Depending on the individual being assessed, an evaluator may recommend that other elements also be tested. These may include:

Motor Skills: An assessment of fine (finger movements) and gross (large muscle movements) motor skills can also be important to help determine if difficulties in these areas are causing downstream effects on learning and behavior as well as adaptive functioning. While not considered a core symptom of ASD, many children with ASD and other developmental disorders have difficulties with motor skills. These skills are often assessed by an occupational therapist or physical therapist. Some of the most commonly used measures include:

  • PDMS2 – Peabody Developmental Motor Scales, Second Edition
  • Beery VMI – Beery-Buktenica Developmental Test of Visual-Motor Integration, 6th Edition
  • BOT-2 – Bruininks-Oseretsky Test of Motor Proficiency, Second Edition

Sensory Sensitivities: In 2013, for the first time, sensory reactivity or interest was included in the fifth edition of the Diagnostic and Statistical Manual (DSM-5) as a symptom of ASD. DSM-5 is used by clinicians to diagnose individuals with psychiatric and developmental conditions, including ASD. Sensory sensitivities are often assessed by an occupational therapist. Some of the most commonly used measures include:

  • Sensory Profile Caregiver Questionnaire
  • Sensory Profile Caregiver Questionnaire Infant/Toddler
  • SIPT – Sensory Integration and Praxis Test

Executive Functioning: This term refers to a collection of cognitive processes that are responsible for purposeful, goal-directed, problem-solving behavior. Difficulties in this area can lead to problems with changing from one activity to another, regulating emotions, and getting school work done. Many children with developmental disorders like ASD have difficulties in this area. Knowing which areas of executive functioning a child is struggling with helps to target intervention. Measures of executive functioning include:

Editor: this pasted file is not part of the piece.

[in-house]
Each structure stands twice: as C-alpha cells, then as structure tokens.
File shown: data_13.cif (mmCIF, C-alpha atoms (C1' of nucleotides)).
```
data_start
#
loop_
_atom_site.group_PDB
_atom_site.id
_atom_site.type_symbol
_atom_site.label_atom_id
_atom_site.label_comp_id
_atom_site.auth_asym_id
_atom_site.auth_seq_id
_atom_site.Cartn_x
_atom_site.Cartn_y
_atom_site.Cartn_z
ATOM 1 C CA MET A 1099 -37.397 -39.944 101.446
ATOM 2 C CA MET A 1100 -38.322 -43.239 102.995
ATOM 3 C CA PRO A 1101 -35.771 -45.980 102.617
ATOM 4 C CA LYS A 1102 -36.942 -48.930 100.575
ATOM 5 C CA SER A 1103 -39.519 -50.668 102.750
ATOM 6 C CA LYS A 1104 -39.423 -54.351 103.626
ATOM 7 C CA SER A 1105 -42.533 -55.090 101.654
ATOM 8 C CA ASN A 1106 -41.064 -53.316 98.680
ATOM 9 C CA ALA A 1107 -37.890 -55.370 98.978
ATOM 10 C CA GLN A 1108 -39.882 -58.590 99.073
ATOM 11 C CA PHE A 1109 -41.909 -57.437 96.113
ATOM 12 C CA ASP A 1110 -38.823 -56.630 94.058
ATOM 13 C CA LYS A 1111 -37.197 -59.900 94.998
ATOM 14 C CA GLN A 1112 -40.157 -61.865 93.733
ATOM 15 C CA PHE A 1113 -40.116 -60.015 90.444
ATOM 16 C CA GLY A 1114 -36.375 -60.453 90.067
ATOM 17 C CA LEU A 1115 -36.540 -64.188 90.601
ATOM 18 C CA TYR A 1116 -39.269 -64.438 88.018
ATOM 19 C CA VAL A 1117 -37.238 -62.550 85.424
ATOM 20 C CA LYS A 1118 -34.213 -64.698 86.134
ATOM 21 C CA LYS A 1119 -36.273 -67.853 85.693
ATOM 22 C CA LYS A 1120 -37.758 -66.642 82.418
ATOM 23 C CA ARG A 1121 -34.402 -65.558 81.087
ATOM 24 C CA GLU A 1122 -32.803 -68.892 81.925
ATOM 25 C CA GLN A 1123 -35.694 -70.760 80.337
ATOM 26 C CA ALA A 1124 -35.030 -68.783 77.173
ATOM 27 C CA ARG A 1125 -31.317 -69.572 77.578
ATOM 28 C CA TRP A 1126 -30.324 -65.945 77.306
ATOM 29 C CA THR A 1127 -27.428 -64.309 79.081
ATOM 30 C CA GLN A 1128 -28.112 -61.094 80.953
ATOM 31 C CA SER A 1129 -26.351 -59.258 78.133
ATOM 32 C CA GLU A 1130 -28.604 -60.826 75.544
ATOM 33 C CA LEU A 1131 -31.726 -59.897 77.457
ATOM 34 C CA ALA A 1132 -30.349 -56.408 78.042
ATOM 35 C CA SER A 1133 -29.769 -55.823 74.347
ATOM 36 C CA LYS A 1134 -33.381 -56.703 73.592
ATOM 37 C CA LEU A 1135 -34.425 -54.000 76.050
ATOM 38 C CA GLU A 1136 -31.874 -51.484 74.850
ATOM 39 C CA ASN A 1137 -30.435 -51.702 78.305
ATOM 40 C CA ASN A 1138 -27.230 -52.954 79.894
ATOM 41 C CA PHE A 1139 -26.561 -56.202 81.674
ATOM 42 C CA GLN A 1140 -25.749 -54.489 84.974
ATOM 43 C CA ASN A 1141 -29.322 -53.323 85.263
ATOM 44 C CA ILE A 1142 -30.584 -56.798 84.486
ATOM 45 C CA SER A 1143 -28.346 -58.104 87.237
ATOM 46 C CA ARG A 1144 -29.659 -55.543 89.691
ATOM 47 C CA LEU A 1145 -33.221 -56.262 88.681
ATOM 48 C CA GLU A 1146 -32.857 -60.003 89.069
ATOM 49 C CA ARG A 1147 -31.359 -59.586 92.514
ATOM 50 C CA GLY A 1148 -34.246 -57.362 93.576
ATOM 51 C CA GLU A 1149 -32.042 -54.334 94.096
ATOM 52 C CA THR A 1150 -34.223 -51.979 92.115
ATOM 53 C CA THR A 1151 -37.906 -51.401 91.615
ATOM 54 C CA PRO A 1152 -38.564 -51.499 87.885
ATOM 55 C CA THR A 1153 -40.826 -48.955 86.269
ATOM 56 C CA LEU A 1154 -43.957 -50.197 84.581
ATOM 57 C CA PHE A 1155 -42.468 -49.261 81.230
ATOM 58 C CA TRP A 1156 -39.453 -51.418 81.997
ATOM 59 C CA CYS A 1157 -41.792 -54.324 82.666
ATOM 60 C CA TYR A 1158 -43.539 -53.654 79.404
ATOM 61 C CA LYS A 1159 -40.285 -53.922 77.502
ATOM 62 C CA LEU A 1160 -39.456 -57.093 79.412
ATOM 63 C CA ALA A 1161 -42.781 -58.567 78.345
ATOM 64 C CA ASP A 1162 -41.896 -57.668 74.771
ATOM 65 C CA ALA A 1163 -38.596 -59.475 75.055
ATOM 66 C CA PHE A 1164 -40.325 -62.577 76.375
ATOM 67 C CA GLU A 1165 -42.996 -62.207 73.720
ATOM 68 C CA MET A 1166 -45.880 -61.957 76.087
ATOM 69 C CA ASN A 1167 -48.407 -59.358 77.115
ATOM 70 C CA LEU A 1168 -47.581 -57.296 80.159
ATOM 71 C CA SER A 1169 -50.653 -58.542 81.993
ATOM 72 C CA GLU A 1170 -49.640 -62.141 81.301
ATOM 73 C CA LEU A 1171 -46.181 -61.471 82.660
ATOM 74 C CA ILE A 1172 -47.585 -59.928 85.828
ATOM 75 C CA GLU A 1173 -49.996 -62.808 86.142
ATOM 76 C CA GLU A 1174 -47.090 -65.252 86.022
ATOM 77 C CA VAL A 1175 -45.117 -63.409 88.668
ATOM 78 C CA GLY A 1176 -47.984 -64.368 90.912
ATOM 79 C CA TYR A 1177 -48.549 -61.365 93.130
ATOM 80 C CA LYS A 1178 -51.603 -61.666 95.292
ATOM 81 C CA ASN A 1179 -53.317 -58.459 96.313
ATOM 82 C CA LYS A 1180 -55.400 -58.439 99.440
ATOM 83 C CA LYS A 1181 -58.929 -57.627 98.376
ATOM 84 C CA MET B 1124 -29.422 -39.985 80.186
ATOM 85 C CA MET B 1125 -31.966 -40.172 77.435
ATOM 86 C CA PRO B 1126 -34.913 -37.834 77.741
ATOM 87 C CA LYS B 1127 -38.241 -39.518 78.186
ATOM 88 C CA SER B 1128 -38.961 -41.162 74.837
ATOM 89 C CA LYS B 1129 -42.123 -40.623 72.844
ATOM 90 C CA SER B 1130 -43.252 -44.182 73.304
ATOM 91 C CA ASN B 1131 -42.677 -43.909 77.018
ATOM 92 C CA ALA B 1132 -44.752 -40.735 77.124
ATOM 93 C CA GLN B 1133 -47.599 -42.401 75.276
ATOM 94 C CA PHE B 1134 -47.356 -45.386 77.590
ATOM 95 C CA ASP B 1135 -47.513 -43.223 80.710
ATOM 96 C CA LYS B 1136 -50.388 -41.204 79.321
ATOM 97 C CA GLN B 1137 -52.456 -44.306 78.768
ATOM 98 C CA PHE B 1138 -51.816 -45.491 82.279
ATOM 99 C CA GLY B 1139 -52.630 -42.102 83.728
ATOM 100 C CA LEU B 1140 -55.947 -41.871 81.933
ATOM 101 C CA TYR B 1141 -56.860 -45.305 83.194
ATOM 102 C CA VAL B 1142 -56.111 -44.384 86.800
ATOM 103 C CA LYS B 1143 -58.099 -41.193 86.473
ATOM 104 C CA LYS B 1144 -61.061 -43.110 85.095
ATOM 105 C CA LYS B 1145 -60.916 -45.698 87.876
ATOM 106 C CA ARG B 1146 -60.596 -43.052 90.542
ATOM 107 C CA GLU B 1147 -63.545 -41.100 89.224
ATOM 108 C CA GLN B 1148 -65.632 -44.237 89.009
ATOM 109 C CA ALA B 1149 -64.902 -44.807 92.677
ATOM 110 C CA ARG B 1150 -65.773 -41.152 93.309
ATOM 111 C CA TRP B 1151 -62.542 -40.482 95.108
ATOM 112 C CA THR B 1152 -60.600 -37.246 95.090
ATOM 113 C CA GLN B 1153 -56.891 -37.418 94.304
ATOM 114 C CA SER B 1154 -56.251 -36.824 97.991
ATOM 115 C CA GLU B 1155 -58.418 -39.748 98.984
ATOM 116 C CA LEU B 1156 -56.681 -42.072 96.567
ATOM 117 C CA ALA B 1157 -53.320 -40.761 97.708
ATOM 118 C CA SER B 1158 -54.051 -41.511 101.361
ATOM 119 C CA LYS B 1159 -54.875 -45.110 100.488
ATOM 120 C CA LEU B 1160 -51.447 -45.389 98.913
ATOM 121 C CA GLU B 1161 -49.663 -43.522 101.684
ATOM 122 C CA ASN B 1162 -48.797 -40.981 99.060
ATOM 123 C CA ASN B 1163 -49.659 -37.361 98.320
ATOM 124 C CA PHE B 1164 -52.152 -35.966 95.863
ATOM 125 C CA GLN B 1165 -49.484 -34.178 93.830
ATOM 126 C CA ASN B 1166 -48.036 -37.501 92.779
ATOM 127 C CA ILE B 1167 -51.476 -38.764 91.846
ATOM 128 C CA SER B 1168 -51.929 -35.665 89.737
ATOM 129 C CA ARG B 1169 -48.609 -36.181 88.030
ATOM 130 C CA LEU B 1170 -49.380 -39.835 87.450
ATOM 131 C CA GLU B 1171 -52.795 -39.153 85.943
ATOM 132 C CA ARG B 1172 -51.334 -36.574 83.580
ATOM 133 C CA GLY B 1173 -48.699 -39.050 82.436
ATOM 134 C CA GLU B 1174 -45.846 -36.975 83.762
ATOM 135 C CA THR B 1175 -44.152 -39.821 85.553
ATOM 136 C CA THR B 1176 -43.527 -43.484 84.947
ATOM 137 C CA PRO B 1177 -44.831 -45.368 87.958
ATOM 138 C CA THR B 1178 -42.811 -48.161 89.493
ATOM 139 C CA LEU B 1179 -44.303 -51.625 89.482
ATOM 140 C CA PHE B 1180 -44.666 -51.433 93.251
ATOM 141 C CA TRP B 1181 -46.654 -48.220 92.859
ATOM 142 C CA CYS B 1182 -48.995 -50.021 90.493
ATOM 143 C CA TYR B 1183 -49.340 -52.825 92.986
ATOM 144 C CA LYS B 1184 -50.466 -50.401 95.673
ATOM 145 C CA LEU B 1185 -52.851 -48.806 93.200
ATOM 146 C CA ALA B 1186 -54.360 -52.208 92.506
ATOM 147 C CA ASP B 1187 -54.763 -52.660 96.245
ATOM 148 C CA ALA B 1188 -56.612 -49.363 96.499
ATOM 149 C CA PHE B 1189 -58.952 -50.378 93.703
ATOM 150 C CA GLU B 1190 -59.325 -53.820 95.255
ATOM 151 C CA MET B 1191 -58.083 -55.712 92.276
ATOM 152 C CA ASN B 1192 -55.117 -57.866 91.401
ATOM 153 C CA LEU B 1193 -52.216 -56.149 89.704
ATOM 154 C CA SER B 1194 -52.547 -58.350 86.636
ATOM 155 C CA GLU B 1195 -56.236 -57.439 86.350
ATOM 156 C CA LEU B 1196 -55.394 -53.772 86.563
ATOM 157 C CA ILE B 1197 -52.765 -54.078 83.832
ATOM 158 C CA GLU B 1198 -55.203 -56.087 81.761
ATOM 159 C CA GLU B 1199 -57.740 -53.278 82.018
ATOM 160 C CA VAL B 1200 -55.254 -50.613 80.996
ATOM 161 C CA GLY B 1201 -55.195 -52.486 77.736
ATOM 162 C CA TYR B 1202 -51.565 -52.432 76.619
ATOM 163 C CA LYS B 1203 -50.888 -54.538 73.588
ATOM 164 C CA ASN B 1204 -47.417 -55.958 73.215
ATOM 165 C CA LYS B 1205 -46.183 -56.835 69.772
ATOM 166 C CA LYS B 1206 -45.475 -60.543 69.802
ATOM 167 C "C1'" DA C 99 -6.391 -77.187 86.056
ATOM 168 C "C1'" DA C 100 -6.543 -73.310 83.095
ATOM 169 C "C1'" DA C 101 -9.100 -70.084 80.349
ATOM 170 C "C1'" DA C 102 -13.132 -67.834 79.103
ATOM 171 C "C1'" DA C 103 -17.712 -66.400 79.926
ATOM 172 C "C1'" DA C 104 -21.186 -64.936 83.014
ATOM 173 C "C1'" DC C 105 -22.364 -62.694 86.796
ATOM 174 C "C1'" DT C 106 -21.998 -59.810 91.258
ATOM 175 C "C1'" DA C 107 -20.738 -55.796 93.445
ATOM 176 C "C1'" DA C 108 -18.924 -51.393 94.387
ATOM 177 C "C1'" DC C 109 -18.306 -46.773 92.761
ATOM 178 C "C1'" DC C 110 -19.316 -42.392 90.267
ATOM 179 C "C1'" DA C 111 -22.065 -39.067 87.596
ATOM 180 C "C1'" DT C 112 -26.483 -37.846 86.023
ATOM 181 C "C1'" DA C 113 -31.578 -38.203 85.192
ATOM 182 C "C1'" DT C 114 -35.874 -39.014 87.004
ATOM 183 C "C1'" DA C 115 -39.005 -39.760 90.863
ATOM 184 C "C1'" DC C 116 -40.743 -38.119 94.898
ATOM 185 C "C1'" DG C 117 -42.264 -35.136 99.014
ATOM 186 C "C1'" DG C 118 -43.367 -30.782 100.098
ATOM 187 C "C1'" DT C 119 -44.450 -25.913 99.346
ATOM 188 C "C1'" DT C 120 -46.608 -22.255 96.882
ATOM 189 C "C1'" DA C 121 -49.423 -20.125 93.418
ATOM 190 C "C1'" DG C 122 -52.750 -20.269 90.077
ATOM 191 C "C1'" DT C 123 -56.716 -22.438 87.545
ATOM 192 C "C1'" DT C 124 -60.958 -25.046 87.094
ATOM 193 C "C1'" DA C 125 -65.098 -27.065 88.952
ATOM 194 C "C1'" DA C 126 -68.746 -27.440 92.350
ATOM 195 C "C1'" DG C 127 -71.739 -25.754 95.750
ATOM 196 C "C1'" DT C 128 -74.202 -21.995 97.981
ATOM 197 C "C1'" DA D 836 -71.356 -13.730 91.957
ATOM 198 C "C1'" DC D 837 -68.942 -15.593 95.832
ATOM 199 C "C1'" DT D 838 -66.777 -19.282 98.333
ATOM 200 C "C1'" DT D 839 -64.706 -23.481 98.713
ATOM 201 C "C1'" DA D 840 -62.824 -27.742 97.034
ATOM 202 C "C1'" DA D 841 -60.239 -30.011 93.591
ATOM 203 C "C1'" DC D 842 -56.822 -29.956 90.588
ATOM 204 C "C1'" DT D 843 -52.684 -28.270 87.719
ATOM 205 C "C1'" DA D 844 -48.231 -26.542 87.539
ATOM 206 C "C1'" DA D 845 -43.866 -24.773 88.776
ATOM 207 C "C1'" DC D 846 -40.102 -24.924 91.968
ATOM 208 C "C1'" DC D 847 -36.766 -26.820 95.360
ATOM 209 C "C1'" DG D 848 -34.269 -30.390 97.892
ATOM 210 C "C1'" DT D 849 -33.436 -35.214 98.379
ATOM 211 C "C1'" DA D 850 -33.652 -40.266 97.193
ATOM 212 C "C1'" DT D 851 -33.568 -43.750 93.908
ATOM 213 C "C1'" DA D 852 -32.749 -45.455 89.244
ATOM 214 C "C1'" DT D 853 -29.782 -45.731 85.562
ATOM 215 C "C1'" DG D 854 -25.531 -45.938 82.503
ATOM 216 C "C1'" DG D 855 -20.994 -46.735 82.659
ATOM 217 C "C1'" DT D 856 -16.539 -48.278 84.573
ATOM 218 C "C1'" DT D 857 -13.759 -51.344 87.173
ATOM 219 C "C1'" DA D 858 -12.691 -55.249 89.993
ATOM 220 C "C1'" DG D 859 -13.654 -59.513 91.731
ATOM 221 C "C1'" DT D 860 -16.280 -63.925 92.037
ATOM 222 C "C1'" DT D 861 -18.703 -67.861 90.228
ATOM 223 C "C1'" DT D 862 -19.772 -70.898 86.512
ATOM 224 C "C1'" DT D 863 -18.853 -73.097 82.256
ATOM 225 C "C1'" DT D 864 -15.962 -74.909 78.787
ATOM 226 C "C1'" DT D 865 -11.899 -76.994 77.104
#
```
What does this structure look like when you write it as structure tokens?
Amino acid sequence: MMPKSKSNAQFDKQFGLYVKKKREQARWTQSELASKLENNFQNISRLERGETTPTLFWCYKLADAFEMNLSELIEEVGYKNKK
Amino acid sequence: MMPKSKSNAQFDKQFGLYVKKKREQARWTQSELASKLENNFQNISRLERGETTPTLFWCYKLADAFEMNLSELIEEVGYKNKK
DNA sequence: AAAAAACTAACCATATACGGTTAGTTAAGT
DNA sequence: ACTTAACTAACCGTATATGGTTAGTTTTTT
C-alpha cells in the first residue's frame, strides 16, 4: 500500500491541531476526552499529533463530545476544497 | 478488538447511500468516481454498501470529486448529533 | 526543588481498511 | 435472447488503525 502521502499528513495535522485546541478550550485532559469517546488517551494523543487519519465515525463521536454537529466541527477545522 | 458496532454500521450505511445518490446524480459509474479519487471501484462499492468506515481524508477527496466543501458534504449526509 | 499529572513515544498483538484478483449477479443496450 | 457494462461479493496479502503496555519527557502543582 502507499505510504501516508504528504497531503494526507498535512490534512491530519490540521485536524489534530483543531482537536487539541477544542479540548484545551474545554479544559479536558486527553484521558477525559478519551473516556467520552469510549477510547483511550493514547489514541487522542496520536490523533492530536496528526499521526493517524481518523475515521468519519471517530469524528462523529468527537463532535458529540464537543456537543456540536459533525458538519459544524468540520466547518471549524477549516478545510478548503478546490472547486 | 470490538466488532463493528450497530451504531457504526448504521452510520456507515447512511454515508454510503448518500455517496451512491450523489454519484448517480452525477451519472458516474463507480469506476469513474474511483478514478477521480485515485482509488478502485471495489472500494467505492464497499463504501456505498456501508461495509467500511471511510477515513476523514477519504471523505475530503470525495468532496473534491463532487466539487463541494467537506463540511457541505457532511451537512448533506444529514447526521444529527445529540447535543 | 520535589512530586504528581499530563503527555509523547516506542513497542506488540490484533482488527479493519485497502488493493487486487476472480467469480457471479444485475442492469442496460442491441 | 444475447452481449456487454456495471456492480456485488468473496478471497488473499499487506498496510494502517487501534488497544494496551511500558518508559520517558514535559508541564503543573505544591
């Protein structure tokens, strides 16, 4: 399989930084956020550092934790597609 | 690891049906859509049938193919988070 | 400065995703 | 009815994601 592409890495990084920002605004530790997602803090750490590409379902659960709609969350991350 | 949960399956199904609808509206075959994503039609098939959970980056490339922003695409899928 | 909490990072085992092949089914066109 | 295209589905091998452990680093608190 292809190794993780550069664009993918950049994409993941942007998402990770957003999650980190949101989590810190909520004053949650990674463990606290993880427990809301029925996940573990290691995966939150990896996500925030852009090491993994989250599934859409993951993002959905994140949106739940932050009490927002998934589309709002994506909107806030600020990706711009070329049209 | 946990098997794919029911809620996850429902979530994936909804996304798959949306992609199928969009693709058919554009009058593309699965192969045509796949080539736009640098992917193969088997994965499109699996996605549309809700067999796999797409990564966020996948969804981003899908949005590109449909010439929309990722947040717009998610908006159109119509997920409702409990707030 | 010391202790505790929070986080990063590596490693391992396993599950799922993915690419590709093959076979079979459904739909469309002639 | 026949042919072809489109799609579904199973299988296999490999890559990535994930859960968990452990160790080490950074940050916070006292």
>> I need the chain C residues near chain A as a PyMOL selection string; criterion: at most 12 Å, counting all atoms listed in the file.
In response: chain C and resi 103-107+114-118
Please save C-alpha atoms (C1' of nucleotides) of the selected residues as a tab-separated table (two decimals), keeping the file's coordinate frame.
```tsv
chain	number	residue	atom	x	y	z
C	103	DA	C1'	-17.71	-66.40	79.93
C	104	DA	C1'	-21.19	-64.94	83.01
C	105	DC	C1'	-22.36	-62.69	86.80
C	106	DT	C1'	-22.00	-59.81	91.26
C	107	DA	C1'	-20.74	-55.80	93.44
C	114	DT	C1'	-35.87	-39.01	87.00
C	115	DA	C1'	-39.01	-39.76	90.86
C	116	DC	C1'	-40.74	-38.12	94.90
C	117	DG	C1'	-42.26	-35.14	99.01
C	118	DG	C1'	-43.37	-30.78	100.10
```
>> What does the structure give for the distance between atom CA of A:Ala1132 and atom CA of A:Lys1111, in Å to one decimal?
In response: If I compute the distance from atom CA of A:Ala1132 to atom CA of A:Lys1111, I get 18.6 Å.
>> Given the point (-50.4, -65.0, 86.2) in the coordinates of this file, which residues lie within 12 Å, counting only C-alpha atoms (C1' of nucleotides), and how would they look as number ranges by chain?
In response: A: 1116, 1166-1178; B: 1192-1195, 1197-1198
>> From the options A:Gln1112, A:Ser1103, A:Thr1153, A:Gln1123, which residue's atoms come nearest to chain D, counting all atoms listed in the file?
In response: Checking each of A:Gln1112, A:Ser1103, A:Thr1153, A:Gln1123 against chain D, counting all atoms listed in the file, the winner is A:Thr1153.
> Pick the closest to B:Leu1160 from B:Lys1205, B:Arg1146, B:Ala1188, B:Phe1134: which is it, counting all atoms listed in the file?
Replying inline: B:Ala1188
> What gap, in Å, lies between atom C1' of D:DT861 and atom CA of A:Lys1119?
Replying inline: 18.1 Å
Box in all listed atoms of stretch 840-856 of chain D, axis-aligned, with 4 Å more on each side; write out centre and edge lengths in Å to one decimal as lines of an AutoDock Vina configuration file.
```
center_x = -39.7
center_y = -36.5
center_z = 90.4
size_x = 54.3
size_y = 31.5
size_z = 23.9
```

• D-KEFS – Dellis-Kaplan Executive Functioning System
  • BRIEF – Behavior Rating Inventory of Executive Function
  • NEPSY-II – Developmental Neuropsychological Assessment
  • TEA-Ch – Test of Everyday Attention for Children

Neurological Testing: Neurological testing can provide useful information regarding neurological (brain and nervous system) processes or abnormalities that may be affecting behavior/development. Techniques like neuroimaging have helped to identify brain differences or structural malformations, which can have important and quantifiable behavioral/learning impacts. Once again, gaining information like this will help to better clarify your child’s profile, which is important for intervention. Neuroimaging and EEG are not standard components of an ASD evaluation, but may be recommended if any neurological symptoms are reported or observed. Neuroimaging tests include:

  • MRI – Magnetic Resonance Imaging
  • MEG – Magnetoencephalography
  • fMRI – functional Magnetic Resonance Imaging
  • EEG – Electroencephalography

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Last Updated: January 26, 2015

The Center for Autism Research and The Children's Hospital of Philadelphia do not endorse or recommend any specific person or organization or form of treatment. The information included within the CAR Autism Roadmap™ and CAR Resource Directory™ should not be considered medical advice and should serve only as a guide to resources publicly and privately available. Choosing a treatment, course of action, and/or a resource is a personal decision, which should take into account each individual's and family's particular circumstances.